Tide meaning

tīd
A stream, current, etc. or trend, tendency, etc.

The tide of public opinion.

noun
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Something that rises and falls like the tide.
noun
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To rise and fall like the tide.
verb
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The period during which something is at its highest or fullest point.
noun
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An opportune time or occasion.
noun
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adjective
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To flow or surge like a tide.
verb
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To carry with or as with the tide.
verb
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To betide; happen.
verb
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The periodic change of the sea level, particularly when caused by the gravitational influence of the sun and the moon.
noun
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A stream, current or flood.

Let in the tide of knaves once more; my cook and I'll provide. "” Shakespeare, Timon of Athens, III-iv.

noun
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Something which changes like the tides of the sea.
noun
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Tendency or direction of causes, influences, or events; course; current.

There is a tide in the affairs of men, Which, taken at the flood, leads on to fortune. "” Shakespeare. Julius Caesar, IV-iii.

noun
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What should us tide of this new law? "” Chaucer.
verb
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(mining) The period of twelve hours.
noun
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To cause to float with the tide; to drive or carry with the tide or stream.
verb
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(intransitive) To pour a tide or flood.

The ocean tided most impressively, even frightening.

verb
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(intransitive, nautical) To work into or out of a river or harbor by drifting with the tide and anchoring when it becomes adverse.
verb
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Time, added to a festival name to indicate the period around that festival.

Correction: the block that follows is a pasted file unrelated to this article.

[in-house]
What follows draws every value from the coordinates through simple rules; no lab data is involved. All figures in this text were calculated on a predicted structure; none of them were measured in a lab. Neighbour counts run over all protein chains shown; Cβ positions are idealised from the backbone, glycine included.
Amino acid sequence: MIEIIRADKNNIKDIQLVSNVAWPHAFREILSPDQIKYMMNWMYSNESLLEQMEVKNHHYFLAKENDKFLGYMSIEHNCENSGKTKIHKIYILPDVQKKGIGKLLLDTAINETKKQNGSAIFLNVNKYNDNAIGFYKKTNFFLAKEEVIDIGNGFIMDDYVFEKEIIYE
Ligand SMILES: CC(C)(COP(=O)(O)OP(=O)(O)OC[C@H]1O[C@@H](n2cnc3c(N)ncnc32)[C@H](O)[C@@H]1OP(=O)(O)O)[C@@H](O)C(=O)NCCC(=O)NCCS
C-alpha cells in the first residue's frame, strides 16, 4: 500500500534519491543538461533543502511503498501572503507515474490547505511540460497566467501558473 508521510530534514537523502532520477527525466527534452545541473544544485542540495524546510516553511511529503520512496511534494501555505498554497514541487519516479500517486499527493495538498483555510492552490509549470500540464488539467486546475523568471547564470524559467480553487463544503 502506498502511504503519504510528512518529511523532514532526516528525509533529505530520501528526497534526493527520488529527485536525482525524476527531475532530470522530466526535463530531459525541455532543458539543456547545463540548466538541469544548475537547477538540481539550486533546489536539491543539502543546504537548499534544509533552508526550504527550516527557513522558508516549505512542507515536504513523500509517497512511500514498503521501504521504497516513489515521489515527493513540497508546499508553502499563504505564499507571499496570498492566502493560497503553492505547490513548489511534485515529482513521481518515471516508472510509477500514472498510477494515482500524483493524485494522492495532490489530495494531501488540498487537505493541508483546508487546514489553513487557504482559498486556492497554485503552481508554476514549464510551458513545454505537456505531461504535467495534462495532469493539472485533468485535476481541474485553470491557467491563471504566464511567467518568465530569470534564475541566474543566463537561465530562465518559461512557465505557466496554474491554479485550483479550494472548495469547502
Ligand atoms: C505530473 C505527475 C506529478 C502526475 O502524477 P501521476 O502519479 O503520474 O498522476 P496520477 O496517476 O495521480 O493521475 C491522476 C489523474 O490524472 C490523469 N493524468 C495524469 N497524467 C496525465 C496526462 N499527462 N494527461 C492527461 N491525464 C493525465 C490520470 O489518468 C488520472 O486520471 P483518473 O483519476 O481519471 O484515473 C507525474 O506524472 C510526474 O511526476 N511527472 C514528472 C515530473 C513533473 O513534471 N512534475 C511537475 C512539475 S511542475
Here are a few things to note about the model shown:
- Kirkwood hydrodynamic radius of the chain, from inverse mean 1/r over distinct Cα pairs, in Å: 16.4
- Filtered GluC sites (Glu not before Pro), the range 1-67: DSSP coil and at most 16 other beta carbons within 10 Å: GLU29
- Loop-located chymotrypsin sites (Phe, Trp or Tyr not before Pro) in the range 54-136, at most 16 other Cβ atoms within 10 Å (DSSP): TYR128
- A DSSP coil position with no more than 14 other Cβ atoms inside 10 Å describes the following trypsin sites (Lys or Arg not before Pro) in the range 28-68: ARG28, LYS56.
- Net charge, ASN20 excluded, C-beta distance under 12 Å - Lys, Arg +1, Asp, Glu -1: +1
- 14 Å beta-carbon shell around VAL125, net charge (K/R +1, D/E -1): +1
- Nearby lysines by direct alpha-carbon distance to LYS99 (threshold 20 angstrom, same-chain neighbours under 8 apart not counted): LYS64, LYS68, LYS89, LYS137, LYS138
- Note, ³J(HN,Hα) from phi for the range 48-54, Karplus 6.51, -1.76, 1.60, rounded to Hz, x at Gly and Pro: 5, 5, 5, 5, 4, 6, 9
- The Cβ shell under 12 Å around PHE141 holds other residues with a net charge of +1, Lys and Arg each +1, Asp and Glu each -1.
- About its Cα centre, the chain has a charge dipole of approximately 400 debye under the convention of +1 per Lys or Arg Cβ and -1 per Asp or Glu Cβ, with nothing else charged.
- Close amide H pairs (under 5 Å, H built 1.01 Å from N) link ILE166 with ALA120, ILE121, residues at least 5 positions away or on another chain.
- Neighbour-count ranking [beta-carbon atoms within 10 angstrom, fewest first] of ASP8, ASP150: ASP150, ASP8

suffix
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The definition of tide is the cycle of rising and falling of the surface of bodies of water caused by the attraction of the moon and the sun.

An example of the tide is when the ocean's water is at its highest point on the beach.

noun
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Tidal force.
noun
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A time or season. Often used in combination.

Eventide; Christmastide; Shrovetide.

noun
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A favorable occasion; an opportunity.
noun
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To carry along with the tide.
verb
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To betide; befall.
verb
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A period of time.

Eastertide, eventide.

noun
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The regular rise and fall in the surface level of the Earth's oceans, seas, and bays caused by the gravitational attraction of the Moon and to a lesser extent of the Sun. The maximum high tides (or spring tides) occur when the Moon and Sun are directly aligned with Earth, so that their gravitational pull on Earth's waters is along the same line and is reinforced. The lowest high tides (or neap tides) occur when the Moon and Sun are at right angles to each other, so that their gravitational pull on Earth's waters originates from two different directions and is mitigated. Tides vary greatly by region and are influenced by sea-floor topography, storms, and water currents.
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To drift or ride with the tide.

Tided off the reef; tiding up the Hudson.

verb
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tide over
  • To help along temporarily, as through a period of difficulty.
idiom
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turn the tide
  • To reverse a condition.
idiom
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Idioms and Phrasal Verbs

Origin of tide

  • Middle English from Old English tīd division of time dā- in Indo-European roots
    From American Heritage Dictionary of the English Language, 5th Edition
  • Middle English tiden from Old English tīdan dā- in Indo-European roots
    From American Heritage Dictionary of the English Language, 5th Edition
  • From Middle English tide, from Old English tÄ«d (“time, period, season, while; hour; feast-day, festal-tide; canonical hour or service"), from Proto-Germanic *tÄ«diz (“time, period"), from Proto-Indo-European *dÄ«ti- (“time, period"), from Proto-Indo-European *dÄ«- (“time"). Cognate with Scots tide, tyde (“moment, time, occasion, period, tide"), North Frisian tid (“time"), West Frisian tiid (“time, while"), Dutch tijd (“time"), Low German Tied (“time"), Tiet, Low German Tide (“tide of the sea"), German Zeit (“time"), Danish tid (“time"), Swedish tid (“time"), Icelandic tíð (“time"), Albanian ditë (“day"), Old Armenian Õ¿Õ« (ti, “age"), Kurdish dem (“time"). Related to time.
    From Wiktionary
  • From Middle English tiden, tide, from Old English tÄ«dan (“to happen").
    From Wiktionary
  • Old English tid, from Old High German zit
    From Wiktionary